Caroline Lucas struggles to rise above Green Party’s Brighton woes

Antagonism towards Brighton & Hove council is hurting MP’s re-election chances

Walking around Brighton with local Green MP Caroline Lucas feels a bit like being in a parallel political universe.

Passers-by stop to shake her by the hand and shopkeepers proclaim their devotion.

“I love you, Caroline,” says someone in one of the many vintage clothes shops in the trendy North Lanes area.

“You are brilliant. You’re spot on. I completely agree with your politics,” says another shopkeeper.

Caroline Lucas became Britain’s first Green MP in 2010, winning with a slim margin of 1,252 votes, which gave her a 31 per cent share to Labour’s 29 per cent. Since then, the Green Party has enjoyed an unprecedented surge in its popularity as people become increasingly disillusioned by the Liberal Democrats’ coalition performance and frustrated at Labour’s failure to provide a genuine alternative to the Tories; one based on “social justice” .

Ms Lucas was recently named MP of the Year in recognition of her work standing up for minority and deprived communities, while in 2011 Brighton & Hove’s council became the UK’s first to be led by the Green Party. But while Ms Lucas may yet retain her seat next May, she is actually behind in the polls in a race that both leading candidates describe as “neck and neck”.

The latest puts Ms Lucas one point behind her Labour opponent, Purna Sen, giving the Greens 32 per cent of the Brighton Pavilion vote, to Labour’s 33 per cent – that’s a 3 per cent swing since the last general election.

By all accounts, the problem stems from Brighton & Hove’s Green council, which has been mired in internal disputes, responsible for a prolonged period of disruption in bin collection as workers took industrial action, and troubled by a sharp decrease in recycling despite promising a significant increase. Many residents also complain that the traffic has become more congested since the Greens took over.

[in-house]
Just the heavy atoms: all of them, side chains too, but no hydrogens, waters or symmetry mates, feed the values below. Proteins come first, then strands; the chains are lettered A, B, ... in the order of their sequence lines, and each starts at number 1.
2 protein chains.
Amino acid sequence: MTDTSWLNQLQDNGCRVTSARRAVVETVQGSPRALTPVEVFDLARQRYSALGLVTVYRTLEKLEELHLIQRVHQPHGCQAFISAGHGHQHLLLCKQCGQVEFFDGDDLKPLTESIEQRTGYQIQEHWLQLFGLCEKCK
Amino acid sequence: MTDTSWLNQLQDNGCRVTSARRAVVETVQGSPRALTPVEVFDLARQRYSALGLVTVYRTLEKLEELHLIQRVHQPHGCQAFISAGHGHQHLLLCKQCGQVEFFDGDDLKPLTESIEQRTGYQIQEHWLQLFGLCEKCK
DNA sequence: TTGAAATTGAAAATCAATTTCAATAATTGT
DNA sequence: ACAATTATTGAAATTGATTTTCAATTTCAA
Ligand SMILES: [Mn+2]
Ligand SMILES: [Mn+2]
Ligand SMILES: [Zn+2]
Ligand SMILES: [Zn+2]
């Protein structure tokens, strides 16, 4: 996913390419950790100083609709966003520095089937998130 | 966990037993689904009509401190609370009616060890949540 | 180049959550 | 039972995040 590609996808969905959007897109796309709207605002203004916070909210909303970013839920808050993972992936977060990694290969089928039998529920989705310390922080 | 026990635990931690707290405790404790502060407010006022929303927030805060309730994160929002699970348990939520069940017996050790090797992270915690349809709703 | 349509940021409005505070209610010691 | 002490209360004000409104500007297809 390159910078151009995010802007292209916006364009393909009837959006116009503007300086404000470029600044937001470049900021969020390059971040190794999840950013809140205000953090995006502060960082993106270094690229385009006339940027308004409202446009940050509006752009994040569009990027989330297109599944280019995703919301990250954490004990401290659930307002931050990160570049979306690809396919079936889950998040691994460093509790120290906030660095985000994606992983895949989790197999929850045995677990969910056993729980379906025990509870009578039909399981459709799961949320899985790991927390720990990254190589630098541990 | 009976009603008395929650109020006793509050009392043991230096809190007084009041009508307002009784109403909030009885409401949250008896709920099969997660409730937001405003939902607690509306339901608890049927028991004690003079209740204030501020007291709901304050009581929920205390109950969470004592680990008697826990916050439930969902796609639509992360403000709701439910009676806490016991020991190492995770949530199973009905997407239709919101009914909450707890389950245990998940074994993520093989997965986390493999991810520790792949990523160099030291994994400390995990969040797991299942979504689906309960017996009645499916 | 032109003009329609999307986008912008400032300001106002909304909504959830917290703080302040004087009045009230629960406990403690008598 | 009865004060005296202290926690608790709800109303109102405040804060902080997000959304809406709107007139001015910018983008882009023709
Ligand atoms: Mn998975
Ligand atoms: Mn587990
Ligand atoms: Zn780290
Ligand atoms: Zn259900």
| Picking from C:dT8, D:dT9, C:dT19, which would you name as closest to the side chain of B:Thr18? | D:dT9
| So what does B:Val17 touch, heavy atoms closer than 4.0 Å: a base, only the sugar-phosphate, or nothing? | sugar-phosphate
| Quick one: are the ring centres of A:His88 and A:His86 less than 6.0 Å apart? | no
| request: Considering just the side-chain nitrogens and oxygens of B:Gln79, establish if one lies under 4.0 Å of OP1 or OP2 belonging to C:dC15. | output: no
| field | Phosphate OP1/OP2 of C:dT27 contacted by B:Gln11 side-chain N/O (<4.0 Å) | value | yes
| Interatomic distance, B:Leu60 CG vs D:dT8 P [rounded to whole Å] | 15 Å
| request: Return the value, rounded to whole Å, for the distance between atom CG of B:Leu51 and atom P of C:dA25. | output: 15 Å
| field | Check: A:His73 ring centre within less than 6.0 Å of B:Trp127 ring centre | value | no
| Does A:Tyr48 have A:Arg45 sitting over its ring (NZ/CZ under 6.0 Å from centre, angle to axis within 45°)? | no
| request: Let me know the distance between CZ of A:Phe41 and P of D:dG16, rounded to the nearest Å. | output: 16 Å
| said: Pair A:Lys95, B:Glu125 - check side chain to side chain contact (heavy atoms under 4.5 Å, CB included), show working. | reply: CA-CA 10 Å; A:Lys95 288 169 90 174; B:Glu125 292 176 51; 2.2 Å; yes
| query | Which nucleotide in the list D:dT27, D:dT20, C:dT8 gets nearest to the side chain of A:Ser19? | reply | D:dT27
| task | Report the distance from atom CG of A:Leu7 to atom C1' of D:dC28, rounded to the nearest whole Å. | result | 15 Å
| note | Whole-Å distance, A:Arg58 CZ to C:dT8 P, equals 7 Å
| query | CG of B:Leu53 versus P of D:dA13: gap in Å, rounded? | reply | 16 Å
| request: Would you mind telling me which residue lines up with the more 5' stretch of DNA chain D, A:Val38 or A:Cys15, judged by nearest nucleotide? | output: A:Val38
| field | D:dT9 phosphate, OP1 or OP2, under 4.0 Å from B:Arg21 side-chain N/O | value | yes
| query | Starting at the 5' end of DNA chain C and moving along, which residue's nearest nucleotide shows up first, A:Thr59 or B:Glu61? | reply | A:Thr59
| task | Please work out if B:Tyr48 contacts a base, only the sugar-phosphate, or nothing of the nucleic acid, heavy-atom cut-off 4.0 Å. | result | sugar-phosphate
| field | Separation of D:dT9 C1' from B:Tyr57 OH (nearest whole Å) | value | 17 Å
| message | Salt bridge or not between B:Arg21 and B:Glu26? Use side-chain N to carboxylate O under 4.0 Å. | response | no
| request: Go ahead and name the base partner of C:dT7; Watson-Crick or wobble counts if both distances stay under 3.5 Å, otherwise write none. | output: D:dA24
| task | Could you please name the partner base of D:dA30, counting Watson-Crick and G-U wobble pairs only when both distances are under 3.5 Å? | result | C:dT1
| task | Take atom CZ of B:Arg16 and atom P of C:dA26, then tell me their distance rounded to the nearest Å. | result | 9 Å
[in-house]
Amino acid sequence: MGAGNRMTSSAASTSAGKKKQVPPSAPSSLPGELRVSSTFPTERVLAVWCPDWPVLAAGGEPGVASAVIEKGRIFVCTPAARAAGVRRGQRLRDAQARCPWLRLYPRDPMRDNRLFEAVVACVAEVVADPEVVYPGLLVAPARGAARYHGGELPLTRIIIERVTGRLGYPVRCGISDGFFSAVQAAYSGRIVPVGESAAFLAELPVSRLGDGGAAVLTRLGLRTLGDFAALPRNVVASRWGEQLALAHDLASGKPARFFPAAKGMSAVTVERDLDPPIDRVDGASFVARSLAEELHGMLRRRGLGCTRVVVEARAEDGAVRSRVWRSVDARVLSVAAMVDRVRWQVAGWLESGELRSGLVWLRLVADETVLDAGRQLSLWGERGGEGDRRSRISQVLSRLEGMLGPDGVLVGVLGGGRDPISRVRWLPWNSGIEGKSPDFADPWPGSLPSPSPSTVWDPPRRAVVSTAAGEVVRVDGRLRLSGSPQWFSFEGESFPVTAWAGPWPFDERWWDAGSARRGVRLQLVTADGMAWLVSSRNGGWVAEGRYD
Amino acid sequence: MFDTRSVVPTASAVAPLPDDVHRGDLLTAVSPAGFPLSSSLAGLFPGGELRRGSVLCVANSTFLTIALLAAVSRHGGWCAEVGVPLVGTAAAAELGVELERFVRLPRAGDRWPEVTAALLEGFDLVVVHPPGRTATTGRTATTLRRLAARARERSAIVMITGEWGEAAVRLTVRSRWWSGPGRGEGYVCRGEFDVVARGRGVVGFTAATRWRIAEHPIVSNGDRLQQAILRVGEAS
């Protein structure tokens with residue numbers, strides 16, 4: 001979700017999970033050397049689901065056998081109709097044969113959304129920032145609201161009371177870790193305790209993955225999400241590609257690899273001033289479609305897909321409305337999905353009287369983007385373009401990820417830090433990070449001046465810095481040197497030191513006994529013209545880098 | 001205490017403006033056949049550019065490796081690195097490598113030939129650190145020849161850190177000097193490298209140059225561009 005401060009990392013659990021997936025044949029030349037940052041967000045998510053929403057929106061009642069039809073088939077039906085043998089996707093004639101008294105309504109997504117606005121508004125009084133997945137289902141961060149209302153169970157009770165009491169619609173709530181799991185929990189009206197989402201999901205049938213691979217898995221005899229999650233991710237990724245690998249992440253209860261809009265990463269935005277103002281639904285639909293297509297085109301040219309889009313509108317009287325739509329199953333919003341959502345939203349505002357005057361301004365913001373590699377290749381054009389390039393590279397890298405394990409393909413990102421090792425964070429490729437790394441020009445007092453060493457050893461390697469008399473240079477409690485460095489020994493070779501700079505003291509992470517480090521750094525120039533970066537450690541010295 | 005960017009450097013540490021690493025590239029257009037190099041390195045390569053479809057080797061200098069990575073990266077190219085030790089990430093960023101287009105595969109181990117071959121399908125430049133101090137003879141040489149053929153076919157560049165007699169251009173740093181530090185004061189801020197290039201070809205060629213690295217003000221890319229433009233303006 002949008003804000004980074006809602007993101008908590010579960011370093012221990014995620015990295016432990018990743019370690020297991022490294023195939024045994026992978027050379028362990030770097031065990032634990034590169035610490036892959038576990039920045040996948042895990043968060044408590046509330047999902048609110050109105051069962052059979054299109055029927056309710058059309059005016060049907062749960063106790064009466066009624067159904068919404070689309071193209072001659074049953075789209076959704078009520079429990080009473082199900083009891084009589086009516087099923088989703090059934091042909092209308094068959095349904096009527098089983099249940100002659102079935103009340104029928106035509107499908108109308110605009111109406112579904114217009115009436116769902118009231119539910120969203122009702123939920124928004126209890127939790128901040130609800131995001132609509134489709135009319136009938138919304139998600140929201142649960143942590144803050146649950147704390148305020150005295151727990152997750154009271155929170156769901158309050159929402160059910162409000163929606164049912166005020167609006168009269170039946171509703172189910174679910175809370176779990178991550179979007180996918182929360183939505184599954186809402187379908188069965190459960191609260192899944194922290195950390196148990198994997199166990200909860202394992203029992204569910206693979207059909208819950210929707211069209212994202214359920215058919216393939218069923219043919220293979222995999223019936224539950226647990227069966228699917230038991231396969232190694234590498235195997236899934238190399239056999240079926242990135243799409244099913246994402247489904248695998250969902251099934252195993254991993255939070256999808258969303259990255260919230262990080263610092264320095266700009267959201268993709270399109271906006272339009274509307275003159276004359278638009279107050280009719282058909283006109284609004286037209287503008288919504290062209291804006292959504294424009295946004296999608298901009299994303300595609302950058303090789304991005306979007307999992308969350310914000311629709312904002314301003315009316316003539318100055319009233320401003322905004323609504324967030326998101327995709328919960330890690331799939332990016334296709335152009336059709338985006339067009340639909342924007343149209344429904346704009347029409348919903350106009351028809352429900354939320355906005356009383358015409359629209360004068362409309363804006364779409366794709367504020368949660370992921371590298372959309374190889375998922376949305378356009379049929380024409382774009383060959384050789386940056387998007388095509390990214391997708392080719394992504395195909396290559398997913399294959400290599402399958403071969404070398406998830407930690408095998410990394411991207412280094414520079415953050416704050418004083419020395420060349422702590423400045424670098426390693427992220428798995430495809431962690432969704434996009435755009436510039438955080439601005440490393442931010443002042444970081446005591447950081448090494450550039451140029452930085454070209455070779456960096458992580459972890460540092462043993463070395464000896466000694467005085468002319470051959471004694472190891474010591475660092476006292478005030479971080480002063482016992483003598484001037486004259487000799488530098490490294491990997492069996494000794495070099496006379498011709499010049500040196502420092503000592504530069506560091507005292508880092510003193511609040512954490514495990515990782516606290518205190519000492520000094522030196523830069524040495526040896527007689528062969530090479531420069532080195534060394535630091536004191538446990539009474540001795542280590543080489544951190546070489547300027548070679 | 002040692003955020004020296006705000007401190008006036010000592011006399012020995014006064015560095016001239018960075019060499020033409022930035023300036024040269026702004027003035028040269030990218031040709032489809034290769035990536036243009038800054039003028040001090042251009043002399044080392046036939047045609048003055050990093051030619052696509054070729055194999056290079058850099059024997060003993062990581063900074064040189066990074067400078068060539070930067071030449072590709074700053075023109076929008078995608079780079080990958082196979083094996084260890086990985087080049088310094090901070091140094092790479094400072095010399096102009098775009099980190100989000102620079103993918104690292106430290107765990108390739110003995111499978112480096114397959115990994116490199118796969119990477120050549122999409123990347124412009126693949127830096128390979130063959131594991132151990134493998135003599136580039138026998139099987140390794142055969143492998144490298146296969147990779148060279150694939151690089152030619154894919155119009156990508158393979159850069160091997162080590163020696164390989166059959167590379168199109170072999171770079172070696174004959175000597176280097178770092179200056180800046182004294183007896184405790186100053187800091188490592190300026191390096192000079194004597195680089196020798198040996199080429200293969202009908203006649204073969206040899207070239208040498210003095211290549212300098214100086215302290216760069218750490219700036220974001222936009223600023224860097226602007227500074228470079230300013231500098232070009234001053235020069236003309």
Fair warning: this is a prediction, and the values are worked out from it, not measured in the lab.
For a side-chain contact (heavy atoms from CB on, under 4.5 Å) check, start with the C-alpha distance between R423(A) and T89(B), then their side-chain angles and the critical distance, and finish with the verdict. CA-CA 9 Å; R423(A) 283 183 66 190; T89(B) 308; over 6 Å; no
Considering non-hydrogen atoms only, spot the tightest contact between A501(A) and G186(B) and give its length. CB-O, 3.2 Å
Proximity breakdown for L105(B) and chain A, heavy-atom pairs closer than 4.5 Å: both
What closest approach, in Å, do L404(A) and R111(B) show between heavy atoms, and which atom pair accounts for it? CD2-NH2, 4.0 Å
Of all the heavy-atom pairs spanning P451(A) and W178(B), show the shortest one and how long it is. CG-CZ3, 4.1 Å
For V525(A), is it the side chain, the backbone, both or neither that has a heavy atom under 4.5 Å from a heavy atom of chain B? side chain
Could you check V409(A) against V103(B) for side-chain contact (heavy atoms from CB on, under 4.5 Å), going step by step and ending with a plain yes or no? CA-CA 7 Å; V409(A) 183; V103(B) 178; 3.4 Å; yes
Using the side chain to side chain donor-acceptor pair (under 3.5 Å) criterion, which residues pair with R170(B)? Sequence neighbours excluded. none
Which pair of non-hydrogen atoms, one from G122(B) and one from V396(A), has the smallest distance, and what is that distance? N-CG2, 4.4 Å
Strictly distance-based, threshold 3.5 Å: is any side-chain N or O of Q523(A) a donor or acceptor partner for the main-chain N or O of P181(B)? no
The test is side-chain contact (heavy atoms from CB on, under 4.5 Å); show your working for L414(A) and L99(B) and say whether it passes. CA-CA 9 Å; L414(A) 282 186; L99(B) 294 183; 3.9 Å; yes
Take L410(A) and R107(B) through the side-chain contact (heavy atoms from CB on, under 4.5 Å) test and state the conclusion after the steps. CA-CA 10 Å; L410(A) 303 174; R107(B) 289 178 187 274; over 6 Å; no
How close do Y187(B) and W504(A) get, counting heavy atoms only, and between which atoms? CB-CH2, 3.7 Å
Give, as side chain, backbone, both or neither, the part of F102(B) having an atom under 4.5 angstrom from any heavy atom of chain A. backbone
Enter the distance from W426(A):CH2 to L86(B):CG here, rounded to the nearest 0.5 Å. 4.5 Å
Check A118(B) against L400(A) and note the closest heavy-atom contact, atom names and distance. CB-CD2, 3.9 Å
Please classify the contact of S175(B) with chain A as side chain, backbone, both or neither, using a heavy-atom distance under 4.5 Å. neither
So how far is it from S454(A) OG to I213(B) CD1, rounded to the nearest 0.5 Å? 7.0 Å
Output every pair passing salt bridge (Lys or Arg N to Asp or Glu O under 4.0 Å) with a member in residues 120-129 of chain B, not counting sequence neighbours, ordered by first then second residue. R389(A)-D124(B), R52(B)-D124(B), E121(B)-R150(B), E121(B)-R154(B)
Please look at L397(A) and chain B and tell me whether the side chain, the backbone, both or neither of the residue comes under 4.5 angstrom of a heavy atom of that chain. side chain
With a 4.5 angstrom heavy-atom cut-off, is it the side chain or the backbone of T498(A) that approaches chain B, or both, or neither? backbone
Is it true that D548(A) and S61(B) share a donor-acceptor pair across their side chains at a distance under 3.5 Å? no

Functions such as levying council tax, rubbish collection and planning applications are totally separate from the duties of the local MP. Furthermore, Ms Lucas has publicly opposed some of the council’s actions – even joining with striking refuse workers last year. But many voters are lumping the two together and it is harming Ms Lucas’s chance of re-election – a point that even she concedes.

“I don’t want people to judge my record as an MP on issues over which I have no control. On Twitter, Labour regularly call it ‘Caroline’s Council’ – so every time your bin isn’t collected, according to Labour it’s Caroline’s Council. And they know as an MP I have no direct influence over that.

“It’s incredibly disingenuous and I think it demonstrates that they know that they don’t have any real quarrel with the work I’ve done as an MP. I’ve never heard them criticise the work I’ve done as an MP. They only ever criticise the work of the council. I also think the council has done a much better job than they are being given credit for,” she says.

Asked by The Independent if Brighton & Hove’s Green council had made it harder for Ms Lucas to get re-elected, its leader, Jason Kitcat, says: “There’s no doubt we’ve faced some really difficult issues, but voters know that. Also Caroline’s role as MP is very different from ours.”

Back on the streets, however, local resident Ian Evans believes Mr Kitcat’s council has had an impact. “The council’s done a lot of damage to the Greens’ reputation. It hasn’t worked out that well,” he says.

Away from Lucas heartland, on the poorer, eastern side of the city, she is less popular.

Lindsay Collins, said: “I’m hoping to move out of the council [area]. I’m so sick of it.” The battle for Brighton looks set to be a close one indeed.

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